“The Law of the Fast,” Ensign, May 2001, 73
My beloved brethren and sisters, I feel as you do that Elder David B. Haight is an inspiration to the entire Church and so many others.
Two thousand years ago, upon the sand and stones of Galilee walked a man that few recognized for who He truly was: the Creator of worlds, the Redeemer, the Son of God.
A lawyer approached Him and asked, “What is the greatest commandment?”
Jesus answered: “Thou shalt love the Lord thy God with all thy heart, and with all thy soul, and with all thy mind.
“This is the first and great commandment.
“And the second is like unto it, Thou shalt love thy neighbour as thyself.
“On these two commandments hang all the law and the prophets.”1
Through the Prophet Joseph Smith, the Lord has established His Church once again among men. The Church of Jesus Christ of Latter-day Saints, restored to the earth in these latter days, is centered on those commandments the Savior proclaimed as the greatest: to love our Heavenly Father and to love our fellowmen. Our Savior said, “If thou lovest me thou shalt serve me and keep all my commandments.”2 One way we show our love is through observance of the law of the fast. This law is based upon a primary yet profound principle—a simple practice—that, if observed with the proper spirit, will help us draw closer to our Heavenly Father and strengthen our faith, while at the same time help us ease the burdens of others.
In The Church of Jesus Christ of Latter-day Saints, members are encouraged to fast whenever their faith needs special fortification and to fast regularly once each month on fast day. On that day, we go without eating or drinking for two consecutive meals, commune with our Heavenly Father, and contribute a fast offering to help the poor. The offering should be at least equal to the value of the food that would have been eaten. Typically, the first Sunday of each month is designated as fast Sunday. On that day, members who are physically able are encouraged to fast, pray, bear witness to the truthfulness of the gospel, and pay a generous fast offering. “The law of the fast,” taught Elder Milton R. Hunter, “is probably as old as the human family. … In ancient times, prophet-leaders repeatedly gave to church members the commandment to observe the law of fasting and praying.”3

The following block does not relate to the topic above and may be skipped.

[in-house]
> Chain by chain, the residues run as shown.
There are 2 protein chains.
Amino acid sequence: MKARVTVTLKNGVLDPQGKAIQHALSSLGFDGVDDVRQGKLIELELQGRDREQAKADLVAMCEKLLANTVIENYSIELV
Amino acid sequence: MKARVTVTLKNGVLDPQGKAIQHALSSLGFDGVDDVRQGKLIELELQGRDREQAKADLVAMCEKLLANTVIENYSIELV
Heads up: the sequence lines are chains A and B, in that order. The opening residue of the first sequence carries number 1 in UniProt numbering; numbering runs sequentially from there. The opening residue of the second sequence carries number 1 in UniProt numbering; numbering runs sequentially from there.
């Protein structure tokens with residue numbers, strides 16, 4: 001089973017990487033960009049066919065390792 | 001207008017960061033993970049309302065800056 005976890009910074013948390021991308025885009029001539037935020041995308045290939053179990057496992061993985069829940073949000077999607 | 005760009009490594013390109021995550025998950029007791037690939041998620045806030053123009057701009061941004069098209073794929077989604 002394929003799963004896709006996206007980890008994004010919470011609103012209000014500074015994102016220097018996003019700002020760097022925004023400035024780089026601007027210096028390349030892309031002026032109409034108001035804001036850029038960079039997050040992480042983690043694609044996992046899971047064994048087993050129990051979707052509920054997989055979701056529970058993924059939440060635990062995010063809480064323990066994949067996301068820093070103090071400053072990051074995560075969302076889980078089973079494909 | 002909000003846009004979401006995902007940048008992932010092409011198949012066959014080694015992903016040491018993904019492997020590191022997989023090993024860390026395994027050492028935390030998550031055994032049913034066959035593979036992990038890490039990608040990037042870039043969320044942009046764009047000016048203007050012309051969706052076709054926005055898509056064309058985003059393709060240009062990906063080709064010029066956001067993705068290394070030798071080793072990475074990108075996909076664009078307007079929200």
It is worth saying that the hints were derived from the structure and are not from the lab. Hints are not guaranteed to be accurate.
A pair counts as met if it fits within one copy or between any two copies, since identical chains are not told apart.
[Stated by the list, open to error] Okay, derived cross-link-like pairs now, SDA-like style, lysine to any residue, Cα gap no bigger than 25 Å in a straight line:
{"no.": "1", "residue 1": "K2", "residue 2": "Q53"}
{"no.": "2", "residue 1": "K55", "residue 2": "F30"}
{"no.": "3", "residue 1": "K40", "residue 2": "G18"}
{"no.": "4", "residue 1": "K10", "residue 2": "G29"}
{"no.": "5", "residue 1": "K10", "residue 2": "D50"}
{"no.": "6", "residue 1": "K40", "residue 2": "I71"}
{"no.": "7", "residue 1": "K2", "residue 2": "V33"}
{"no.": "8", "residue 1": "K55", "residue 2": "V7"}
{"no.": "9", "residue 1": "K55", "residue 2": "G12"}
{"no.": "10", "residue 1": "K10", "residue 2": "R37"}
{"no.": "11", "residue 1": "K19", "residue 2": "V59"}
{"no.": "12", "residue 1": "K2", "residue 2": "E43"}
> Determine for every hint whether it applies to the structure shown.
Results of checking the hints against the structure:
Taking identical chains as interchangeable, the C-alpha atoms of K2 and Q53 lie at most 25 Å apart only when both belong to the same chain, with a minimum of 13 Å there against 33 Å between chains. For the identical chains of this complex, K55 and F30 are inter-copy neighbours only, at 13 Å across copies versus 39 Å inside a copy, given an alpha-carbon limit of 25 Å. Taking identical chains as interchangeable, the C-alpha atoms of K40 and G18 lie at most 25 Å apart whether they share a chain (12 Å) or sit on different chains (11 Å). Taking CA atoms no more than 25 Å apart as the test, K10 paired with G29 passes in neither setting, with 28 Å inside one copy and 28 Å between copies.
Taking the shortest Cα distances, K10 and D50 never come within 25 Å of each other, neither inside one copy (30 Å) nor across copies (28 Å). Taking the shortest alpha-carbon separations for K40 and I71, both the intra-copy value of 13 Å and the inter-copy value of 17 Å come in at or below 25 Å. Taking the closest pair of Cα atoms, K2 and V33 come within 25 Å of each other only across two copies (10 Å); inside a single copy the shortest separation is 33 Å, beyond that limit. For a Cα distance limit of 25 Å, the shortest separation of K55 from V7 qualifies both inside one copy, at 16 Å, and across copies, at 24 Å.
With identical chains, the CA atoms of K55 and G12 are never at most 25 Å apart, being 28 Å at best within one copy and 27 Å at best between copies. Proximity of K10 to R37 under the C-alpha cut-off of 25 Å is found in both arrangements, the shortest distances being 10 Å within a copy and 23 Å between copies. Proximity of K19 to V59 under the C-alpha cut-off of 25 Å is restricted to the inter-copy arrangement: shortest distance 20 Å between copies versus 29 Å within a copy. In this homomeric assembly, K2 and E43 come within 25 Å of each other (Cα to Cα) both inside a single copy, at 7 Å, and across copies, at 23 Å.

We observe that in the scriptures, fasting almost always is linked with prayer. Without prayer, fasting is not complete fasting; it’s simply going hungry. If we want our fasting to be more than just going without eating, we must lift our hearts, our minds, and our voices in communion with our Heavenly Father. Fasting, coupled with mighty prayer, is powerful. It can fill our minds with the revelations of the Spirit. It can strengthen us against times of temptation.
Fasting and prayer can help develop within us courage and confidence. It can strengthen our character and build self-restraint and discipline. Often when we fast, our righteous prayers and petitions have greater power. Testimonies grow. We mature spiritually and emotionally and sanctify our souls. Each time we fast, we gain a little more control over our worldly appetites and passions.
Fasting and prayer can help us in our families and in our daily work. They can help us magnify our callings in the Church. President Ezra Taft Benson taught: “If you want to get the spirit of your office and calling as a new president of a quorum, a new high [councilor], a new bishop [or, I might say, a Relief Society president]—try fasting for a period. I don’t mean just missing one meal, then eating twice as much the next meal. I mean really fasting, and praying during that period. It will do more to give you the real spirit of your office and calling and permit the Spirit to operate through you than anything I know.”4
The Prophet Joseph Smith taught: “Let this be an [example] to all saints, and there will never be any lack for bread: When the poor are starving, let those who have, fast one day and give what they otherwise would have eaten to the bishops for the poor, and every one will abound for a long time. … And so long as the saints will all live to this principle with glad hearts and cheerful countenances they will always have an abundance.”5